Recoveries are calculated as cases minus deaths with a lag of 28 days. Daily cases and deaths are averages of the seven days ending on the stated date. Recoveries are # of cases from 28 days earlier minus # of daily deaths on the stated date. Since both testing and reports of Covid deaths were sketchy in the beginning, this graph begins with daily deaths as of April 24, 2020 compared to cases reported on March 27, 2020.
The line shows the Positivity metric for Canada starting at nearly 8% for new cases April 24, 2020. That is, for the 7 day period ending April 24, there were a daily average of 21,772 tests and 1715 new cases reported. Since then the rate of new cases has dropped down, now holding steady at ~1% since mid-June. Yesterday, the daily average number of tests was 45,897 with 427 new cases. So despite more than doubling the testing, the positivity rate is not climbing. Another view of the data is shown below.
The scale of testing has increased and now averages over 45,000 a day, while positive tests (cases) are hovering at 1% positivity. The shape of the recovery curve resembles the case curve lagged by 28 days, since death rates are a small portion of cases. The recovery rate has grown from 83% to 99% steady over the last 2 weeks, so that recoveries exceed new positives. This approximation surely understates the number of those infected with SAR CV2 who are healthy afterwards, since antibody studies show infection rates multiples higher than confirmed positive tests (8 times higher in Canada). In absolute terms, cases are now down to 427 a day and deaths 6 a day, while estimates of recoveries are 437 a day.
The key numbers:
99% of those tested are not infected with SARS CV2.
99% of those who are infected recover without dying.
Summary of Canada Covid Epidemic
It took a lot of work, but I was able to produce something akin to the Dutch advice to their citizens.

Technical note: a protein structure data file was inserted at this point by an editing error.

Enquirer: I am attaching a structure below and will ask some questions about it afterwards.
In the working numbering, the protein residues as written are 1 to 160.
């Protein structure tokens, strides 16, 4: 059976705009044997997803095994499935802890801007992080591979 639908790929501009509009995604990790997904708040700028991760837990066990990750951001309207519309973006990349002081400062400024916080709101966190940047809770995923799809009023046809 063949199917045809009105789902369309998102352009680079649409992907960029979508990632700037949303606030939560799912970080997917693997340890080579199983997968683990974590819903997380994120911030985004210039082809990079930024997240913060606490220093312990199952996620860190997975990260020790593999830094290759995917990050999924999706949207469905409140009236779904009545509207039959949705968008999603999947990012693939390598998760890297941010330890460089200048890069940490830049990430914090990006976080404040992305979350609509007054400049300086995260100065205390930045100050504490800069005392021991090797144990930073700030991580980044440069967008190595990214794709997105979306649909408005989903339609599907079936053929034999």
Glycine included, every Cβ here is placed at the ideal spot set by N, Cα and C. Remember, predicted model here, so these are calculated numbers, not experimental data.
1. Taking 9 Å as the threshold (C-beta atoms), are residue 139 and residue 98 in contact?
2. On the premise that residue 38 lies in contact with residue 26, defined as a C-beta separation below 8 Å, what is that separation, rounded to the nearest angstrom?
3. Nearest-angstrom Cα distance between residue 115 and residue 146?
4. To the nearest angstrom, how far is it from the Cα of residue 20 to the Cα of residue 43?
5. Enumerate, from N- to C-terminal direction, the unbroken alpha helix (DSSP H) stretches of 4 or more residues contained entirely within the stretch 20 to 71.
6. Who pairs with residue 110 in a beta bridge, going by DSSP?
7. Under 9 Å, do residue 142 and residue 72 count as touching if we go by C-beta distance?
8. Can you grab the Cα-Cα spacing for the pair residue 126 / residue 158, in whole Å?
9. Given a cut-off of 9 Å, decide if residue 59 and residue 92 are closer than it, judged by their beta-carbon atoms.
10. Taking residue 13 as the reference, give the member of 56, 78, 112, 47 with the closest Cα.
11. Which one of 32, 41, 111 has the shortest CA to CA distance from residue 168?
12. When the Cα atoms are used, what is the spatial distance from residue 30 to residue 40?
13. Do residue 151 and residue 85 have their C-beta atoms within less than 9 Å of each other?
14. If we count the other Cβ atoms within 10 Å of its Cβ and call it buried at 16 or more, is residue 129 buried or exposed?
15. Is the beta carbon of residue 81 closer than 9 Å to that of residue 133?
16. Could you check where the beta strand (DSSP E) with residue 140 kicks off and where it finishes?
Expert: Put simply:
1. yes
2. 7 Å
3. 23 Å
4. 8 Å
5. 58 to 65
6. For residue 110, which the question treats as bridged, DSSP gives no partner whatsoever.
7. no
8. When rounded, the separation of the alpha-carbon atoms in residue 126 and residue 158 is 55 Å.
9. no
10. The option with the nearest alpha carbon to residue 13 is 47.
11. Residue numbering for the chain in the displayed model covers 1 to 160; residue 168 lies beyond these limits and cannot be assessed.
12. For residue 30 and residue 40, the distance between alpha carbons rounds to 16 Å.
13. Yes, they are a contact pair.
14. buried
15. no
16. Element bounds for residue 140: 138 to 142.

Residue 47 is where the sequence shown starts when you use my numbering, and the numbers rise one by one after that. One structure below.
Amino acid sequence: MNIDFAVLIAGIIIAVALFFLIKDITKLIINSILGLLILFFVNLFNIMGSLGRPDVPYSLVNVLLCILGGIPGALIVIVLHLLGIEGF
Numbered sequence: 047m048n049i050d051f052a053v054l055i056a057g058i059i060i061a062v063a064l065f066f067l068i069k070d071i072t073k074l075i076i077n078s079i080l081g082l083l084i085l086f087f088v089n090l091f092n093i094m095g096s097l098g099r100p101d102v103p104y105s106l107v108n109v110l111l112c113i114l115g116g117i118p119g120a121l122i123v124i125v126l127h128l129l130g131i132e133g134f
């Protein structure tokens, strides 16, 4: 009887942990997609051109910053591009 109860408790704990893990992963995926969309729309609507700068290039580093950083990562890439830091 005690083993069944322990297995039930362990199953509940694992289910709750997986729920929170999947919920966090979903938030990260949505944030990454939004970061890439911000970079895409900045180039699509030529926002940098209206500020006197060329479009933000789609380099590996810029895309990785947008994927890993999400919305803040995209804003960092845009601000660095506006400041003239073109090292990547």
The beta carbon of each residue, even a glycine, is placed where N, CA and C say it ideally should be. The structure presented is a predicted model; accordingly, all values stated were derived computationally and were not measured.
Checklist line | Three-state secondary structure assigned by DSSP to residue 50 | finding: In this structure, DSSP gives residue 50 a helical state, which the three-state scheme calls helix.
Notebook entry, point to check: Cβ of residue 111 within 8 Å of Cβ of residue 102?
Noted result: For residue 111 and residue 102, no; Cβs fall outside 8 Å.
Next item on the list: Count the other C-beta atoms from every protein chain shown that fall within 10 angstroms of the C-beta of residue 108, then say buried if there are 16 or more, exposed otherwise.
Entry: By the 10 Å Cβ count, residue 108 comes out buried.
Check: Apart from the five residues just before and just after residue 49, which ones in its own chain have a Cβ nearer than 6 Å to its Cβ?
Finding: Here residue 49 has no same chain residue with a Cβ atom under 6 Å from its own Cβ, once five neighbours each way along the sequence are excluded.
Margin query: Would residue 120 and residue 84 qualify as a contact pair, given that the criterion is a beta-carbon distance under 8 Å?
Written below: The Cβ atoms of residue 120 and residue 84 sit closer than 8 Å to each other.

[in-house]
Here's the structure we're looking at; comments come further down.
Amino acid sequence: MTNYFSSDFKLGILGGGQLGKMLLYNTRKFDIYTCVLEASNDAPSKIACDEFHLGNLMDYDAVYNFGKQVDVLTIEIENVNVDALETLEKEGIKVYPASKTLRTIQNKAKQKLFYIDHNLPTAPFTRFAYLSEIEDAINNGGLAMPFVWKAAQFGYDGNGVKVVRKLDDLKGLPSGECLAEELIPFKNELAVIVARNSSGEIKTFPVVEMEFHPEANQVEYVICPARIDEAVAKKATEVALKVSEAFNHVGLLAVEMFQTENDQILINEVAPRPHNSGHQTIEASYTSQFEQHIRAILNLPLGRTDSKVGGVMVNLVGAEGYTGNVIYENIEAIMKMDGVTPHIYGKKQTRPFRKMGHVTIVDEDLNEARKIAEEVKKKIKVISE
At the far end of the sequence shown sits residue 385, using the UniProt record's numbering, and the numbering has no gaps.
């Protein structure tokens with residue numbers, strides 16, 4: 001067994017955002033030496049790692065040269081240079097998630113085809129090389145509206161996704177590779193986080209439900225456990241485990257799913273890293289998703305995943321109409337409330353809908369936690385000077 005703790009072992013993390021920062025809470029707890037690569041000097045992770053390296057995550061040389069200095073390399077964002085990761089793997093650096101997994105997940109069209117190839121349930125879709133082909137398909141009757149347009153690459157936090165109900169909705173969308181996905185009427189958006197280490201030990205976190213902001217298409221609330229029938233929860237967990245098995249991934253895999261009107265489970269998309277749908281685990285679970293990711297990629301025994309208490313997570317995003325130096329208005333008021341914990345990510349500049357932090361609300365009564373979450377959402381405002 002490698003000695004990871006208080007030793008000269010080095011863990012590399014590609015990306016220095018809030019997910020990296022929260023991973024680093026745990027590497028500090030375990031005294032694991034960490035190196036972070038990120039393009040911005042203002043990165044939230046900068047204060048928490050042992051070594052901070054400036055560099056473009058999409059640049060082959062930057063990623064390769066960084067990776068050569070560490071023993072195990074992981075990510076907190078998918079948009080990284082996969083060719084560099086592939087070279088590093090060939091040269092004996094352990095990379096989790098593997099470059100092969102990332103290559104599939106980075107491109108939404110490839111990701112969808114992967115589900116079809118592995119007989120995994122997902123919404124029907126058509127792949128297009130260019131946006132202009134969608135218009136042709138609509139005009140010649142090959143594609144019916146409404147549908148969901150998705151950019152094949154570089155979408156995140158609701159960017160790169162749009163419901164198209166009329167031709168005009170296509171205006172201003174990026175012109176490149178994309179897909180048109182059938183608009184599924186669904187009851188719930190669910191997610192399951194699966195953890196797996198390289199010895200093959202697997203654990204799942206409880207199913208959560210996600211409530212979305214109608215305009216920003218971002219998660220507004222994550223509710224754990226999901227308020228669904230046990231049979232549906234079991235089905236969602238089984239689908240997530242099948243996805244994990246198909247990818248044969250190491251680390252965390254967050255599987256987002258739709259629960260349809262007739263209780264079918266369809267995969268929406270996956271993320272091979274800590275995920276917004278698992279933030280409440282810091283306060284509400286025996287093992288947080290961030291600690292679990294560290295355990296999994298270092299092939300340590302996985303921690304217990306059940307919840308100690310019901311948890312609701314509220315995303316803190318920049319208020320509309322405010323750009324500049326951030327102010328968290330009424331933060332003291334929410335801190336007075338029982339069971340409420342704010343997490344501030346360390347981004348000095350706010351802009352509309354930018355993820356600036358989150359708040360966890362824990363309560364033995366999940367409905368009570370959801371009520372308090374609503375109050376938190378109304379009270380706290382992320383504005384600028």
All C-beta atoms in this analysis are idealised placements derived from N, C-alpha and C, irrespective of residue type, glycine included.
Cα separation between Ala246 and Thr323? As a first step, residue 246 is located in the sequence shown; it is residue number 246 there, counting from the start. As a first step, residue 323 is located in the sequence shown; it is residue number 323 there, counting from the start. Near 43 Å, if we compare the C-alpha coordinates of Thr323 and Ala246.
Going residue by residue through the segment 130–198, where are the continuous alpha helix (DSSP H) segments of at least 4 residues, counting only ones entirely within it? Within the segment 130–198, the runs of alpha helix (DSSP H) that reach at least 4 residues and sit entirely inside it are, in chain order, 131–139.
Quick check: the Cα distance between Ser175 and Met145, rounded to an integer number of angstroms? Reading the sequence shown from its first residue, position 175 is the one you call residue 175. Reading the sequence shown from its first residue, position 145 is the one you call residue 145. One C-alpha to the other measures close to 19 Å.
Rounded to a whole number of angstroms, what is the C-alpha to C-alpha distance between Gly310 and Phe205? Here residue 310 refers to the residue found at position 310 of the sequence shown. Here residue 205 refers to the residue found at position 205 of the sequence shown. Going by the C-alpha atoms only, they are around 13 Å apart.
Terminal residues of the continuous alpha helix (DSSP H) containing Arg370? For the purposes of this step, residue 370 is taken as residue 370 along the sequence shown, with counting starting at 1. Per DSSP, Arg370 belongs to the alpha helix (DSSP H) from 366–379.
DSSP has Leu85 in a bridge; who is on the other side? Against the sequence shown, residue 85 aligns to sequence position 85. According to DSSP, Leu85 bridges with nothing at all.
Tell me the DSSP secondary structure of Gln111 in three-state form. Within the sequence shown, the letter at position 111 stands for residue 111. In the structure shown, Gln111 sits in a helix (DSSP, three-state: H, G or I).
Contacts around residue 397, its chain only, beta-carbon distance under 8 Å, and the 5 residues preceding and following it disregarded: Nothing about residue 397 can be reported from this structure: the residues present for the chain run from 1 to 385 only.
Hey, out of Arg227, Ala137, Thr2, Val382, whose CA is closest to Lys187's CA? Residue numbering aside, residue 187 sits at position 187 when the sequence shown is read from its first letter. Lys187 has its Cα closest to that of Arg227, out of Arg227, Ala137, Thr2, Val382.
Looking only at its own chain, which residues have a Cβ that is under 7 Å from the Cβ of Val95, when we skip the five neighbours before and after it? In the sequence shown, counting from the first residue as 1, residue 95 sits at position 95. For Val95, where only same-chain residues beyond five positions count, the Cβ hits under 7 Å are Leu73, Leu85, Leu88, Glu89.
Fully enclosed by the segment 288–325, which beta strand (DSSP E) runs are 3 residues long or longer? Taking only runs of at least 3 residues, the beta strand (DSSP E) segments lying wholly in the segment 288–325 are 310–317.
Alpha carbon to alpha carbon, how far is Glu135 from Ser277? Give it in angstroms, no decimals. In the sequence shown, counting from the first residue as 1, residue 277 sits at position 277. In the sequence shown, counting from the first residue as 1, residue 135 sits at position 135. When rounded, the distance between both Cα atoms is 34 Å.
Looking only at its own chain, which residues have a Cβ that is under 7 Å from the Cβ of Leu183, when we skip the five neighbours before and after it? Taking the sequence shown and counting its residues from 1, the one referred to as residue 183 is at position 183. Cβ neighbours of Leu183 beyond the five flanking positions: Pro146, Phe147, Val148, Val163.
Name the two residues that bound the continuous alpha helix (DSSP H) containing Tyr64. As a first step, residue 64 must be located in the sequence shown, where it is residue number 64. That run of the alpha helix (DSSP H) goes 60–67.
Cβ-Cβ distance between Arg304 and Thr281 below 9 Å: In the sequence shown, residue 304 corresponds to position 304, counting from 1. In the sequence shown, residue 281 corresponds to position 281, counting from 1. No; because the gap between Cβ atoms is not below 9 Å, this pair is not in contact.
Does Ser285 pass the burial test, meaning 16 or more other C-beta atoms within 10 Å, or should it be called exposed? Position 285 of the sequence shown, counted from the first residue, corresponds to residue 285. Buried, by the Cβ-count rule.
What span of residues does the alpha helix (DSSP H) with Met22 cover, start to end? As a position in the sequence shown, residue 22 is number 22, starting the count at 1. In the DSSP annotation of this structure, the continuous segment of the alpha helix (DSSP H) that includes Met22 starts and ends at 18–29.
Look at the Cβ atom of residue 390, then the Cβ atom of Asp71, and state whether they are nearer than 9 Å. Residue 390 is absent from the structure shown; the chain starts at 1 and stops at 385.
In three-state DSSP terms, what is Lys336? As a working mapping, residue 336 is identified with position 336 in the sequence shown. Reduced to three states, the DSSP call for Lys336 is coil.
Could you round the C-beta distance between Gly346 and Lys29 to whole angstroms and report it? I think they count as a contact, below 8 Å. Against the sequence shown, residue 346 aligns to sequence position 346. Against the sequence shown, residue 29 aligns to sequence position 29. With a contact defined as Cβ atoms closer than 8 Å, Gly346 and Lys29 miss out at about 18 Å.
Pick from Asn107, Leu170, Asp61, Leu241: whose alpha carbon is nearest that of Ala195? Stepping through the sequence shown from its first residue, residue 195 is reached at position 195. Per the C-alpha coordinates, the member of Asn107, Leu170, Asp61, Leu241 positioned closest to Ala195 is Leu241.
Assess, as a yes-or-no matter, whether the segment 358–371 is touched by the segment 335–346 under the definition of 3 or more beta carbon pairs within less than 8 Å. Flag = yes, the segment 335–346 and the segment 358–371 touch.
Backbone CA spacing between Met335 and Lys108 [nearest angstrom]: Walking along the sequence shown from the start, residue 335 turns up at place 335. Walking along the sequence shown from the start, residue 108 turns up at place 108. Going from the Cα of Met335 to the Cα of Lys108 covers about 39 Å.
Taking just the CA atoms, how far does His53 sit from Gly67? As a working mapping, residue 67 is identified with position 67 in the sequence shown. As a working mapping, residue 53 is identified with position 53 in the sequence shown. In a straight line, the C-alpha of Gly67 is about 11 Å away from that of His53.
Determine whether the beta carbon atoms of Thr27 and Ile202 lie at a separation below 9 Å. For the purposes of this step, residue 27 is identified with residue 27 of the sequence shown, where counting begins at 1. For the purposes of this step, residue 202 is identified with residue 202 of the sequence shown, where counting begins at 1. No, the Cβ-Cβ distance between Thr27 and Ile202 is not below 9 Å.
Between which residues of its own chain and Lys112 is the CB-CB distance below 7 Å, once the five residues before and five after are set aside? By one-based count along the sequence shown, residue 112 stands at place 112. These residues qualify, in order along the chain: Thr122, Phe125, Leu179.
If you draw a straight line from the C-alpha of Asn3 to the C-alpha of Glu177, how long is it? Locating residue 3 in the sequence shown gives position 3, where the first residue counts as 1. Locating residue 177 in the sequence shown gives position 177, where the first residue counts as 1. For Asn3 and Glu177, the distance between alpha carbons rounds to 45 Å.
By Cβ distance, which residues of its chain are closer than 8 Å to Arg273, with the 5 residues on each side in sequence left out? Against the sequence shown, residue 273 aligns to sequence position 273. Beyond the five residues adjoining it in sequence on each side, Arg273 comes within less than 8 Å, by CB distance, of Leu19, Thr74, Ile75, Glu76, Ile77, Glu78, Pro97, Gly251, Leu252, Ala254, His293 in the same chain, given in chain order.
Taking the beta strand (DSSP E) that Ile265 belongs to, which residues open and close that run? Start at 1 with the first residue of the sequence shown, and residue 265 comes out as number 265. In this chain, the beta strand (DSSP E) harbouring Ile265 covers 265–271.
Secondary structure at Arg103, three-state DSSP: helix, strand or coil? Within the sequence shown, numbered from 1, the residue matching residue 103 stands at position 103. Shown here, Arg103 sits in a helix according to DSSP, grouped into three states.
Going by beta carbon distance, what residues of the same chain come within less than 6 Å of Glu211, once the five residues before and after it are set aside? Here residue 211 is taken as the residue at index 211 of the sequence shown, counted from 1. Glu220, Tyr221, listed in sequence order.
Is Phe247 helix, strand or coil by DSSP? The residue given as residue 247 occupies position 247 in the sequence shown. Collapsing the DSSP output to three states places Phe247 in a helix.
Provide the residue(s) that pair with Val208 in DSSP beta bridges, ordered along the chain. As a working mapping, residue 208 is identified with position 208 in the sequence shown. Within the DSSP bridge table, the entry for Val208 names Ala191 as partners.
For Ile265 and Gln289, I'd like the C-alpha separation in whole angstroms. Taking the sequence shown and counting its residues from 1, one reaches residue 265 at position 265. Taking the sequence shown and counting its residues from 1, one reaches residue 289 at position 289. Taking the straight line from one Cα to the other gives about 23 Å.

The media and governmental reports focus on total accumulated numbers which are big enough to scare people to do as they are told. In the absence of contextual comparisons, citizens have difficulty answering the main (perhaps only) question on their minds: What are my chances of catching Covid19 and dying from it?
A previous post reported that the Netherlands parliament was provided with the type of guidance everyone wants to see.
For canadians, the most similar analysis is this one from the Daily Epidemiology Update: :
The table presents only those cases with a full clinical documentation, which included some 2194 deaths compared to the 5842 total reported. The numbers show that under 60 years old, few adults and almost no children have anything to fear.
Update May 20, 2020
It is really quite difficult to find cases and deaths broken down by age groups. For Canadian national statistics, I resorted to a report from Ontario to get the age distributions, since that province provides 69% of the cases outside of Quebec and 87% of the deaths. Applying those proportions across Canada results in this table. For Canada as a whole nation:
|Age||Risk of Test +||Risk of Death||Population|
per 1 CV death
In the worst case, if you are a Canadian aged more than 80 years, you have a 1 in 400 chance of dying from Covid19. If you are 60 to 80 years old, your odds are 1 in 5000. Younger than that, it’s only slightly higher than winning (or in this case, losing the lottery).
As noted above Quebec provides the bulk of cases and deaths in Canada, and also reports age distribution more precisely, The numbers in the table below show risks for Quebecers.
|Age||Risk of Test +||Risk of Death||Population|
per 1 CV death
While some of the risk factors are higher in the viral hotspot of Quebec, it is still the case that under 80 years of age, your chances of dying from Covid 19 are better than 1 in 1000, and much better the younger you are.
via Science Matters
October 6, 2020 at 09:35AM